And if you’re picnicking between meals, go for fun snack options — both sweet and savory. For larger picnics, invite everyone to bring one of their favorite snacks to make a potluck fun-in-the-sun picnic at the park.

Water bottles in cooler.

The Accessories

There are a few things every picnic basket needs, but they may not be the first things on your mind. First, don’t forget to bring trash bags. You’ll want the leave the beautiful outdoor space that hosts your picnic as pristine as you found it. Next, make sure to include insulated water bottles among your drink selections. When it comes to hydration, there’s nothing like a cool bottle of water. Lastly, paper towels will come in handy to both hold food and to clean sticky fingers.

hands holding popsicles over picnic blanket.

The Desserts

The perfect way to end your sweet day? With something sweet, of course! Dessert is a delicious must at any spring picnic. Often, you’ll find Farmer’s Markets with fresh food and tasty treats to bring a picnic from good to great. So make sure to pick up easy-to-eat desserts for a sweet finish to your fabulous outing. Market Table‘s Cookie and Marble Brownie Trays are picnic-basket-ready perfection!

Partner Profiles: Creekstone Farms

Partner Profiles: Creekstone Farms

Founded in 1995, Creekstone Farms has produced high-quality USDA certified beef and pork for nearly twenty five years. Located in Arkansas City, Kansas, Creekstone Farms is one of America’s most committed providers of high quality meat. Market Table proudly sources our premium steaks from Creekstone Farms and their grain-fed cattle.

Text by Annika Bastian

What Makes Creekstone Farms Different?

Creekstone Farms is one of only a few USDA certified programs. They source their meat from single family farms. Then, they undergo rigorous USDA inspections to ensure both cattle and consumer are safe, sound and satisfied.

In addition to the USDA’s safety policies, Creekstone Farms looks to specialized independent programs to test the feed they give their cattle. This allows their cows to live antibiotic-free and hormone-free. These extra steps are part of their commitment to excellence.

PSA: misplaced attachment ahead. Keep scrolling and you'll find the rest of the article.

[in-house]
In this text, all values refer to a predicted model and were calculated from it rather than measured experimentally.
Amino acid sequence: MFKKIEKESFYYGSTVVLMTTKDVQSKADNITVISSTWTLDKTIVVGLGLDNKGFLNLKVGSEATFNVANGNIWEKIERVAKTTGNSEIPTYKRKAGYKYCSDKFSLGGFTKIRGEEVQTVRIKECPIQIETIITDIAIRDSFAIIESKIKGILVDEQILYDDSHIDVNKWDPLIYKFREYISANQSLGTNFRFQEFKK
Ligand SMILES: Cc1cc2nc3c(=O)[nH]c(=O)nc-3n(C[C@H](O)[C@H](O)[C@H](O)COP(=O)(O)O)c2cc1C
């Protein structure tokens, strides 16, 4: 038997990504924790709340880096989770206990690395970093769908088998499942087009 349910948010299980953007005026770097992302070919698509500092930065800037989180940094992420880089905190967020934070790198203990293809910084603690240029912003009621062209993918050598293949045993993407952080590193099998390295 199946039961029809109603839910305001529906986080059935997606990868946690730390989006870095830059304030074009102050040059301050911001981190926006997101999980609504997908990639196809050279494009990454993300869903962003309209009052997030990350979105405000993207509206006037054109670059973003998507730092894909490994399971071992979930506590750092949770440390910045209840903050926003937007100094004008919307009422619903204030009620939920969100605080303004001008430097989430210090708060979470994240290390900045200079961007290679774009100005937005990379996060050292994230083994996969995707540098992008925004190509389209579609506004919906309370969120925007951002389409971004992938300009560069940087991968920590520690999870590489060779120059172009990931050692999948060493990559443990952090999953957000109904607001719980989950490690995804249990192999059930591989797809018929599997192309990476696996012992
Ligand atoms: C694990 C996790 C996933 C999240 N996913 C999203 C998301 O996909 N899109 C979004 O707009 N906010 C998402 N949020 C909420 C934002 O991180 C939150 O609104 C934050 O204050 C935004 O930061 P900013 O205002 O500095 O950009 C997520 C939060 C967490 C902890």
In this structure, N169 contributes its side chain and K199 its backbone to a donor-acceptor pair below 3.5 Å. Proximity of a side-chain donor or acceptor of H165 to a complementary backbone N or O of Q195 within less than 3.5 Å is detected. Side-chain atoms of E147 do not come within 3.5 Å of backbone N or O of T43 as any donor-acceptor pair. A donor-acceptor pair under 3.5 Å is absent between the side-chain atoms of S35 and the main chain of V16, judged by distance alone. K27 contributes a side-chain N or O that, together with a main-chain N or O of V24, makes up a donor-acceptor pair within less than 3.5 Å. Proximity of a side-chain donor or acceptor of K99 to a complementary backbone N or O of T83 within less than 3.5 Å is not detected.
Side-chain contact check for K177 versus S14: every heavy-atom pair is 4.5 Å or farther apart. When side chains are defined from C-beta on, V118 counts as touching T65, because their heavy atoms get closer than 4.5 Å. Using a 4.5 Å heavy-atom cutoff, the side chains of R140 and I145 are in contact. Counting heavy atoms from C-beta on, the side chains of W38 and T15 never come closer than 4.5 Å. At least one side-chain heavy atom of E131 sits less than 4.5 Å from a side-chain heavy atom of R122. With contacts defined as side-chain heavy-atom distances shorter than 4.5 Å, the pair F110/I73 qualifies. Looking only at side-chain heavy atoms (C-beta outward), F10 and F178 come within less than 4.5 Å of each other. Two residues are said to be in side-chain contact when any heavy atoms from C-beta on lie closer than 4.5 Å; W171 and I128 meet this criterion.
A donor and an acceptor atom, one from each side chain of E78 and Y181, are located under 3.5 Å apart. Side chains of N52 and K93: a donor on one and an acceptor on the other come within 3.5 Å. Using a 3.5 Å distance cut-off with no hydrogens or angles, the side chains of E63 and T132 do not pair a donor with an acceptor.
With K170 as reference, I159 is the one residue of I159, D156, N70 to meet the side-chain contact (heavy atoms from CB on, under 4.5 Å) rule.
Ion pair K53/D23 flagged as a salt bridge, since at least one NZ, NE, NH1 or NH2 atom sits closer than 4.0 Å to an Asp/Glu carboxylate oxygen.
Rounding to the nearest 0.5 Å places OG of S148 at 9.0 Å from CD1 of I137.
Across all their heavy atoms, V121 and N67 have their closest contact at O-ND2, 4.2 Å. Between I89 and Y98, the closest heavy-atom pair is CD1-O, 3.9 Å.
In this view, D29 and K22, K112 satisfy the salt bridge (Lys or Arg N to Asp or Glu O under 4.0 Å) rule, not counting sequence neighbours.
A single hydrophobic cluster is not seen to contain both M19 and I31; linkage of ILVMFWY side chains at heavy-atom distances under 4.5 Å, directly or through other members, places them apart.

Tagged black angus cow lying down.

Creekstone Farms Owns Their Entire Operation

Creekstone Farms manages the cattle they procure. They also process their cattle at their own plant, designed by animal science expert Temple Grandin. By owning their own facilities, Creekstone Farms manages every aspect of their operation. From start to finish, their beef is just the way they like it: perfect.

This freedom allowed Creekstone Farms to become Certified Humane® in 2016. Humane Farm Animal Care certified Creekstone Farms because of the great care they give their animals. They provide their cattle with plenty of room to express natural behaviors and graze green pastures.

Farmer pets angus steer.

They Care About Their Cattle and Their Customer

Creekstone Farms’ non-GMO beef provides an ethical animal protein option for our kitchen and your table. We are proud to partner with Creekstone Farms, who source their non-GMO beef from a single-family farm. They raise their cattle on grains and foraging, free of all genetic modifications.

The cows’ grass-fed and grain-finished diet results in healthier cows and leaner meat. Also, Creekstone Farms works hard to lower their carbon footprint and maintain more sustainable farming practices. Creekstone Farms’ approach to grain-fed, non-GMO beef betters the industry, and we’re proud to provide their better beef to our customers.